Tag Archives: classified

Comparing Leaks: Trump vs. Hillary

Lattice for Secret, Top Secret, and compartmentsAs I said in an earlier post, no crime is committed if the appropriate official leaks sensitive classified information. This applies to both Secretary Clinton’s email server and President Trump’s unfortunate meeting with Russian diplomats. Both carried the authority to disclose what they disclosed. One question remains: what damage might have ensued from each leak?

I would argue that in both cases the initial lapse of judgement did not explicitly damage the United States. In both cases, however, the subsequent brouhaha may have leaked classified information. I personally doubt that the country will suffer much from either leak, though that is based on my own assessment of national threats (a political opinion).

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A Yank at Bletchley Park

A friend and colOne of Turing's Bombe devicesleague introduced me to a 94-year-old gentleman with a rare tale to tell. John McCallister was recruited during World War II to be a US Army liaison officer at “Station X,” the UK’s highly secret codebreaking operation at Bletchley Park. Station X collected intercepted German radio messages, all encrypted with the supposedly-unbreakable Enigma cipher, and broke the encryption. The resulting data was distributed to a handful of senior UK and US military commanders.

At first, McCallister worked at Bletchley and learned about the codebreaking operation. He met Alan Turing, now recognized as a giant in computer science. Turing developed codebreaking machines at Bletchley, including the “bombe” (left). Then McCallister prepared for his own role: to handle and distribute the highly secret information to senior US military commanders.

Following the war, McCallister left the crypto world. After college and reserve service for the Korean War, he applied his mathematic skills to business accounting at General Electric and Zenith Electronics. He retired in 1984.

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NSA re-releases Boak’s Lectures

Boak's History of US COMSECI’m a fan of Boak’s Lectures – they cover the fundamentals of military cryptography just before the information revolution.David Boak developed the lectures for the National Security Agency’s Cryptologic School.

Even though the lectures are from the ’60s and ’70s, they remain relevant to today’s cybersecurity threats. Cryptographic techniques that were classified Secret in Boak’s work are prominent in modern commercial cryptosystems. A sanitized version of Boak’s Lectures (Vol 1, Vol 2) was released in 2008.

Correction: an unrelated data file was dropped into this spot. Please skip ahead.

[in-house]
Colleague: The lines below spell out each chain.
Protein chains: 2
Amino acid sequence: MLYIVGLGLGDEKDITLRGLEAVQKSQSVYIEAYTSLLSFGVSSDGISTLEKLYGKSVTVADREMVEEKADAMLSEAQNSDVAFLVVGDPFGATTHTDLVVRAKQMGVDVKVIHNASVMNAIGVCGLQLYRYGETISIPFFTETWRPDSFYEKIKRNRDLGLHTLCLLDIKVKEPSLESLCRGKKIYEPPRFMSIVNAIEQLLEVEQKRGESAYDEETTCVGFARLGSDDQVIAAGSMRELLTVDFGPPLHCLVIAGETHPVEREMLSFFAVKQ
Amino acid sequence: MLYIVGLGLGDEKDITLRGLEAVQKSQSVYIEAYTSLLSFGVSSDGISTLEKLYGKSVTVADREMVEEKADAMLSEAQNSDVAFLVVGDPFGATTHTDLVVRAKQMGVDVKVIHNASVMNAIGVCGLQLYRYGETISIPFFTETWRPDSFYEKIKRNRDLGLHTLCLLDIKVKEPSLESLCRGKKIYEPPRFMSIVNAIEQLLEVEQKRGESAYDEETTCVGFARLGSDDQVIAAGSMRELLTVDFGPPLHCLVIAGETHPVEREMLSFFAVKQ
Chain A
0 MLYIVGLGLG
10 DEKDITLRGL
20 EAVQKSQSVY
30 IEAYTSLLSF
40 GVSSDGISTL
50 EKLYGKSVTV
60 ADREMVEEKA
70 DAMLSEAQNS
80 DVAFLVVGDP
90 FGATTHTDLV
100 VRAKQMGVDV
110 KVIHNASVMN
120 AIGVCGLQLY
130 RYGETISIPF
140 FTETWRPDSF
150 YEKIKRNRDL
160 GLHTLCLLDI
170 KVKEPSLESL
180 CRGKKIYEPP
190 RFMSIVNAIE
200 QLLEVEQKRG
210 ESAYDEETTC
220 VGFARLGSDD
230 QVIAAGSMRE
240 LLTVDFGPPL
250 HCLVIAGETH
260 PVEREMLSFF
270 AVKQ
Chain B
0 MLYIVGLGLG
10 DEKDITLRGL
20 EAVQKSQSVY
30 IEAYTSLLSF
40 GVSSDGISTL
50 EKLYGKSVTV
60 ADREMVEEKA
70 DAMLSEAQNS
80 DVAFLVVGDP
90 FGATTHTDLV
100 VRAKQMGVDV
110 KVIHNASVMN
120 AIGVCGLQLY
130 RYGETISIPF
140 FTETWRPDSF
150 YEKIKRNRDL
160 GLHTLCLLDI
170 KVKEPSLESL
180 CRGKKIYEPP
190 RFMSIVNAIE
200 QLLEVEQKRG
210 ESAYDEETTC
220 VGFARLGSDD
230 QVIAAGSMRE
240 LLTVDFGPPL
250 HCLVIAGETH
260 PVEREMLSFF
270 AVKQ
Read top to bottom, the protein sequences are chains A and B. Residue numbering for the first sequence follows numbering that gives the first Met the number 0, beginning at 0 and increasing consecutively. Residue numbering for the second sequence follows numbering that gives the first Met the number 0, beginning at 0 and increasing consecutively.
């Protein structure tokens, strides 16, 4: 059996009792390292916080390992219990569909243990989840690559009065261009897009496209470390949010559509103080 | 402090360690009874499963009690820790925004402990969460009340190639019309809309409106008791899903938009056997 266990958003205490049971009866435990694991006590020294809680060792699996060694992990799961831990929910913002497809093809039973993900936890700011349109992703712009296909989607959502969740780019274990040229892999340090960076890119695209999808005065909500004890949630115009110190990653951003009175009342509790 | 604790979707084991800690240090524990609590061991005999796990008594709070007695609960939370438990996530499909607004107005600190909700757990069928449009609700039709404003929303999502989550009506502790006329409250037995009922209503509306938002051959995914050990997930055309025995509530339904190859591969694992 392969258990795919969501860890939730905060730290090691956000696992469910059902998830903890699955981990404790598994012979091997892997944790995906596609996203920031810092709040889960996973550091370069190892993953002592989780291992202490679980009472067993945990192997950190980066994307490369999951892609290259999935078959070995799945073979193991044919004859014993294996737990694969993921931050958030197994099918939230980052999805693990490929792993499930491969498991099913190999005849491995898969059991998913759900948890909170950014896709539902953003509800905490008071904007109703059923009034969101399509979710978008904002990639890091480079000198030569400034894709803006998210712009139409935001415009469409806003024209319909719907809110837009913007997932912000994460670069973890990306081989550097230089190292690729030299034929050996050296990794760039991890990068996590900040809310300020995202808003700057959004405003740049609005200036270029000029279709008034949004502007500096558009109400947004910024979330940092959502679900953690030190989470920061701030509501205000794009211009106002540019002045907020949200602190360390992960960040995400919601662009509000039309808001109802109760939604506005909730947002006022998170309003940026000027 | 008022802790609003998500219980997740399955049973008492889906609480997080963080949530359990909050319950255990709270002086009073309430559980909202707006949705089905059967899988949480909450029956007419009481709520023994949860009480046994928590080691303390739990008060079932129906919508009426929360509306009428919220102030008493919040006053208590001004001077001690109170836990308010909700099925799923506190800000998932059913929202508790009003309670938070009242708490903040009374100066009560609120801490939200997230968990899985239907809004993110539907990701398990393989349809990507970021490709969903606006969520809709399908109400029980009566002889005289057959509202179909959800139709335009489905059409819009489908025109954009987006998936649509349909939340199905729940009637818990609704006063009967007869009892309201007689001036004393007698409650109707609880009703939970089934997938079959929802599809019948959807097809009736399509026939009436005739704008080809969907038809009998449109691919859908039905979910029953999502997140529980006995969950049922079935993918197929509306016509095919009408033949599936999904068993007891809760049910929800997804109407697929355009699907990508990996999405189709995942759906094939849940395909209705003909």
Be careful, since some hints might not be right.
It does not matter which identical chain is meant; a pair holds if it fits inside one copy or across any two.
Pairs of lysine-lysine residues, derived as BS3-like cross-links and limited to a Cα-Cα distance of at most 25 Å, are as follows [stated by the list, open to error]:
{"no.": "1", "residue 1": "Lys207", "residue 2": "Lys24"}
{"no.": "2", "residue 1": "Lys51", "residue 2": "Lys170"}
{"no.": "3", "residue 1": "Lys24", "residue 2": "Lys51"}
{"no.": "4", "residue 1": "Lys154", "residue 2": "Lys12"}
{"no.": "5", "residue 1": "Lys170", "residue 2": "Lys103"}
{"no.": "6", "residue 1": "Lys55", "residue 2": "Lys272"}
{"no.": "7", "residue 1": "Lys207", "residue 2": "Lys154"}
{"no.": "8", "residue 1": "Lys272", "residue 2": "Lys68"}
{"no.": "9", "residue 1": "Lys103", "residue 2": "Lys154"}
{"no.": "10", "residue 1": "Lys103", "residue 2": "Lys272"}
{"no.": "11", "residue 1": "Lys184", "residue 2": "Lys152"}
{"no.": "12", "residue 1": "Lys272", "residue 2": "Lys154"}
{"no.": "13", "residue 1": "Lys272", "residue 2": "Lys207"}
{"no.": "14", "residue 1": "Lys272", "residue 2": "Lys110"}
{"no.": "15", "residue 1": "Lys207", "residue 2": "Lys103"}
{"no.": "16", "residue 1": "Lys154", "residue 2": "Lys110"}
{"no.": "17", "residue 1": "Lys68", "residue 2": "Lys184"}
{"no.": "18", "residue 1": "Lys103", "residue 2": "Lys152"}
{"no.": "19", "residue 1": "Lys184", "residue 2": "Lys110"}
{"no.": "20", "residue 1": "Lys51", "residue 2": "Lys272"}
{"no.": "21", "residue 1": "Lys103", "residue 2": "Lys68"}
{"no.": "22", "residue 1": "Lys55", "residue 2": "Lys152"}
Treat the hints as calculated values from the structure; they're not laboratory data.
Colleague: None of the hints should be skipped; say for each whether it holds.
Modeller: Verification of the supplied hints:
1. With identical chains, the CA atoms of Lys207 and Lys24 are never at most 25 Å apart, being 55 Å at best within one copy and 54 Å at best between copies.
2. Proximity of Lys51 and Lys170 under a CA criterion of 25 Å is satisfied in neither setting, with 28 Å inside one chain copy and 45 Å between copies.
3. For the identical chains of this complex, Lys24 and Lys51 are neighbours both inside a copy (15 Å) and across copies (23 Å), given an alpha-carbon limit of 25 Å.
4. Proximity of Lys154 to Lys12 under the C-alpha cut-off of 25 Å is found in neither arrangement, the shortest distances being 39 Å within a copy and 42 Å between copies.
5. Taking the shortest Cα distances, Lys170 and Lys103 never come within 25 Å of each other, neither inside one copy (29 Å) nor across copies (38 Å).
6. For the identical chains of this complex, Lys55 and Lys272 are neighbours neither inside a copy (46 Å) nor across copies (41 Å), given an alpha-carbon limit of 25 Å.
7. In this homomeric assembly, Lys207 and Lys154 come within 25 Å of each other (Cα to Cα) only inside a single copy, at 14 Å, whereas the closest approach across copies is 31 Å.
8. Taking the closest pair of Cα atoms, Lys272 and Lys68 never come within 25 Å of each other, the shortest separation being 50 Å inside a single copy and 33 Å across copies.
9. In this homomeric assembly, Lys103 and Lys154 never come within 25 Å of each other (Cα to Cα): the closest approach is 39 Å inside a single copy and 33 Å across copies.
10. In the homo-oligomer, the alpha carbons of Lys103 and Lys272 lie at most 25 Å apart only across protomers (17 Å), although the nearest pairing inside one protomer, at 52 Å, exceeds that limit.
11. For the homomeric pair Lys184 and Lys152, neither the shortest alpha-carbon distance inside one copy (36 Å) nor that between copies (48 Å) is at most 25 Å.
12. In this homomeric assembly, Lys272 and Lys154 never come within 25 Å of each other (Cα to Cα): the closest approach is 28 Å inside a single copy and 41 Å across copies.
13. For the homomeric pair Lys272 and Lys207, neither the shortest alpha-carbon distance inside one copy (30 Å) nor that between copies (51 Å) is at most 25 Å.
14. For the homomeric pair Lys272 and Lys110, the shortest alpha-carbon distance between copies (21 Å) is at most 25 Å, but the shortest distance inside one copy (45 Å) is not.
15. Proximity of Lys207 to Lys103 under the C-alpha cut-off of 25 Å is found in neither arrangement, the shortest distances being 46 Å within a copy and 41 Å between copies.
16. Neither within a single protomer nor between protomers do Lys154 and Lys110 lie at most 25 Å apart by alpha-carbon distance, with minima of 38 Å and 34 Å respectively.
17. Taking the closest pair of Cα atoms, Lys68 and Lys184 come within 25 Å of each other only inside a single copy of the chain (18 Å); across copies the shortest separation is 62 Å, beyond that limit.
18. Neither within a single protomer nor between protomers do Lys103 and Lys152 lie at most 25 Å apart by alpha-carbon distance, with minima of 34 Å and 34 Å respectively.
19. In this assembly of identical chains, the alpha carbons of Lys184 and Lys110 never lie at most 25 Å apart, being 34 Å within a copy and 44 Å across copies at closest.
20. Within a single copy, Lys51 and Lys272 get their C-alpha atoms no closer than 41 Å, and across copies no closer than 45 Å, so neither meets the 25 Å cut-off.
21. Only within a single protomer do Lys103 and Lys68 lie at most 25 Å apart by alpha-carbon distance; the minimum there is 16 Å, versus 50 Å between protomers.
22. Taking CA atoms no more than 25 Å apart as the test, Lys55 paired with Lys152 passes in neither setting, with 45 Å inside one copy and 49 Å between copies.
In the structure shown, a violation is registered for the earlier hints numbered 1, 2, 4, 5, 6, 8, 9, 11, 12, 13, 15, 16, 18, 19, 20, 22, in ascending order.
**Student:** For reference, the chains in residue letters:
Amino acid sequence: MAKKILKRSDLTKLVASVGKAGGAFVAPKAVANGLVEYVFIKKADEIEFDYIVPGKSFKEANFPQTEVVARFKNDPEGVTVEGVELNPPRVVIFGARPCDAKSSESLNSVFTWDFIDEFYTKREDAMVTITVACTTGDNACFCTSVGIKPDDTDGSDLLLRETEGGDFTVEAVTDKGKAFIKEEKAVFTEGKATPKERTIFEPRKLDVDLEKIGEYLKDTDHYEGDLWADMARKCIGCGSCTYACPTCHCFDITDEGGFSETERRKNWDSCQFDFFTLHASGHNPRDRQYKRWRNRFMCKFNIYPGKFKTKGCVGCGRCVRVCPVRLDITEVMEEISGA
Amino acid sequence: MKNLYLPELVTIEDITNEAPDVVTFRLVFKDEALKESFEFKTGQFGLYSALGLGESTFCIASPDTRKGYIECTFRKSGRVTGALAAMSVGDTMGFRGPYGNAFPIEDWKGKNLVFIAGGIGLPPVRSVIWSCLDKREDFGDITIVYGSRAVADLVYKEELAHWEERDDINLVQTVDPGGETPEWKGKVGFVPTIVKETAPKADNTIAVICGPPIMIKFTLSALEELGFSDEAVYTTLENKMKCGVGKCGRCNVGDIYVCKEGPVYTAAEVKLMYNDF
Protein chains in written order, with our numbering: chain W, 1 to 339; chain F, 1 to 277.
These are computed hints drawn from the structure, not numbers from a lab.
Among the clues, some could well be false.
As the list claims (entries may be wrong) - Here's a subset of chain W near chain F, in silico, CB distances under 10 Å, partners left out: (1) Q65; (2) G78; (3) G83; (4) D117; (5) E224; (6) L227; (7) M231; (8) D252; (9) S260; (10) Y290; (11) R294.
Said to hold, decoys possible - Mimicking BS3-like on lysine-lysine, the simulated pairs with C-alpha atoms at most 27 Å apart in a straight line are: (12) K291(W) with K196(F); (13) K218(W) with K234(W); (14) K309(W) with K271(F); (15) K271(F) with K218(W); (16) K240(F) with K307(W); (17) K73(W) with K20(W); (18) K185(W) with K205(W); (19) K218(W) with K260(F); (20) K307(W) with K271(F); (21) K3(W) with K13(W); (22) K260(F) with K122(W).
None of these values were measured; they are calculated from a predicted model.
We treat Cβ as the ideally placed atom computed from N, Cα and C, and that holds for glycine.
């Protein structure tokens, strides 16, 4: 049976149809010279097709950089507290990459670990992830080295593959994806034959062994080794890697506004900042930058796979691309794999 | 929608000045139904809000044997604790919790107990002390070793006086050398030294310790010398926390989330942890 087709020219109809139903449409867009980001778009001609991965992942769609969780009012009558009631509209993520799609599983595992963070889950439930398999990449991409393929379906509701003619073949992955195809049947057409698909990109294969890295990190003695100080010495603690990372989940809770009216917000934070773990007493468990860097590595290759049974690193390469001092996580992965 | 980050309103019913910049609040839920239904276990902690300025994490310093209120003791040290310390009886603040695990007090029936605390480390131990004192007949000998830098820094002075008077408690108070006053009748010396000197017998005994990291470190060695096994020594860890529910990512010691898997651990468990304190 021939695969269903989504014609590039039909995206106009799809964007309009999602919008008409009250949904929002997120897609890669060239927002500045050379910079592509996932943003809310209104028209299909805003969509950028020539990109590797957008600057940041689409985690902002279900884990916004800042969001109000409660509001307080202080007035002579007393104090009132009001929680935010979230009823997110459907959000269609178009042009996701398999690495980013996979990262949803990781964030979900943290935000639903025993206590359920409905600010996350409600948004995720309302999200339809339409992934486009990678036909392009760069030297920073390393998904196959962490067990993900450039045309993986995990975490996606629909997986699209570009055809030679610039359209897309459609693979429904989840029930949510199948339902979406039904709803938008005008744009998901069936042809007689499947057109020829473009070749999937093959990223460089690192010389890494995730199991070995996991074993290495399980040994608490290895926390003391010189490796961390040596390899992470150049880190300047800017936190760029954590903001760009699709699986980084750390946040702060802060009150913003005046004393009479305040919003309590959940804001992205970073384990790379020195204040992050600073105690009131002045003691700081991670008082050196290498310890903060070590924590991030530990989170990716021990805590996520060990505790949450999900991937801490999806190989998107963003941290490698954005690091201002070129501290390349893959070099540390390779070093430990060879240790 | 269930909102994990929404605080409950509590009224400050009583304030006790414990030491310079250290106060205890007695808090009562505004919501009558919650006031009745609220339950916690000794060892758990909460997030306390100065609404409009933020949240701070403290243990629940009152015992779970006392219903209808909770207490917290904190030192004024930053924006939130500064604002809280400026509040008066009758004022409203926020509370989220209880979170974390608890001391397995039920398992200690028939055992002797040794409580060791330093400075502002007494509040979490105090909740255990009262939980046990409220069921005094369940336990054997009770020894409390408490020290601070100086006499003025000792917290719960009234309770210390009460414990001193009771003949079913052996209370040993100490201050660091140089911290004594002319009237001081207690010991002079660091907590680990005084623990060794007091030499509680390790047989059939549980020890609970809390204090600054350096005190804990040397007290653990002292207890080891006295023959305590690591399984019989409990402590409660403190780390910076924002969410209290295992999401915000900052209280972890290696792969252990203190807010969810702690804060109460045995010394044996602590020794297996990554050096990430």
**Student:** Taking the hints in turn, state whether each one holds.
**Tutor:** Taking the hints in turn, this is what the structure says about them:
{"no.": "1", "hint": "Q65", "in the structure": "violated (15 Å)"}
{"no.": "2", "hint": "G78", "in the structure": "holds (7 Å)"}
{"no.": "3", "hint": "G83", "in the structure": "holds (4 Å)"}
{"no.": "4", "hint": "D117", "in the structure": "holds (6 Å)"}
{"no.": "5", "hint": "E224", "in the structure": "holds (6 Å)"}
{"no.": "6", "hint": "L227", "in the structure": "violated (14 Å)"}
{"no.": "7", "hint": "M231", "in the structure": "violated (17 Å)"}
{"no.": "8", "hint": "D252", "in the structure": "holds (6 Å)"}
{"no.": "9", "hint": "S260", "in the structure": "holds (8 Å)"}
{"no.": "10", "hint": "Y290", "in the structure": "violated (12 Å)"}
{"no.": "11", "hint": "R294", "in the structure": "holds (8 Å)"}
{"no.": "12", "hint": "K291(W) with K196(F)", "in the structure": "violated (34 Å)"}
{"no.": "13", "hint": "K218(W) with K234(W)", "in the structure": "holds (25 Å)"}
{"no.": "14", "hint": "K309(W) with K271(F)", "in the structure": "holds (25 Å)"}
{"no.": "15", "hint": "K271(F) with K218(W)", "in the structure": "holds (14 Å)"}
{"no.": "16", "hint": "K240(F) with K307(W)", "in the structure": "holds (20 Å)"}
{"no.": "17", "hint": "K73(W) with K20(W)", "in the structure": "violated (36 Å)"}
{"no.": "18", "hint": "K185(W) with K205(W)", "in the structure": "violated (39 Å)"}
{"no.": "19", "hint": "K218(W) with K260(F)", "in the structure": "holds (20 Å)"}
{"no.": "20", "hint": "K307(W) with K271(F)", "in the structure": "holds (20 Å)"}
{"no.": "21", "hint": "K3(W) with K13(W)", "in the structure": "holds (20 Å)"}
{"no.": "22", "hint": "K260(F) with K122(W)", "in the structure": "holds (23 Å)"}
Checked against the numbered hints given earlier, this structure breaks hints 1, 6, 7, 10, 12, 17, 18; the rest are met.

I’m happy to report that the Interagency Security Classification Appeals Panel has released a more complete (less redacted) version. It’s available from the Government Attic.

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Clinton’s Email Server Isn’t Her Scandal

Hierarchical security levelsEarly last month, Edward Snowden criticized former Secretary of State Hillary Clinton for obviously and intentionally mishandling classified information by using a private email server. A recent Huffington post argues that, if true, Snowden’s comments could cost Clinton the Democratic Presidential nomination.

This rests on technical questions of security and classified information. Based on the information I have seen, Clinton committed no crime. Her security mistakes are typical of politicians of her (my) generation. She was exercising the authority and discretion (or lack thereof) belonging to her role as Secretary of State. I will explain why.

DISCLAIMER: I personally neither support nor oppose Hillary Clinton’s bid for a Presidential nomination.

UPDATE (March 22, 16): Richard Lempert, a professor of law and sociology, has posted a more detailed parsing of the laws and regulations to come to the same conclusion.

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Boak’s Puzzle: Disposing of Classified Trash

Boak's History of US COMSECRecently I was skimming through the NSA’s “classified history of COMSEC” (Volume 1 and Volume 2).  This “history” is a transcription of lectures by David G. Boak, who liked to explain NSA-related topics from a historical perspective. He clearly inspired a generation of NSA’s employees. The last “real” page of the document contains a humorous story and a crypto puzzle (link to extract in pdf).

The NSA had an incinerator in their old Arlington Hall facility that was designed to reduce Top Secret crypto materials and such to ash. Someone discovered that it wasn’t in fact working. Contract disposal trucks had been disposing of this not-quite-sanitized rubish, and officers tracked down a huge pile in a field in Ft. Meyer.

How did they dispose of it? The answer is encrypted in the story’s text! Continue reading Boak’s Puzzle: Disposing of Classified Trash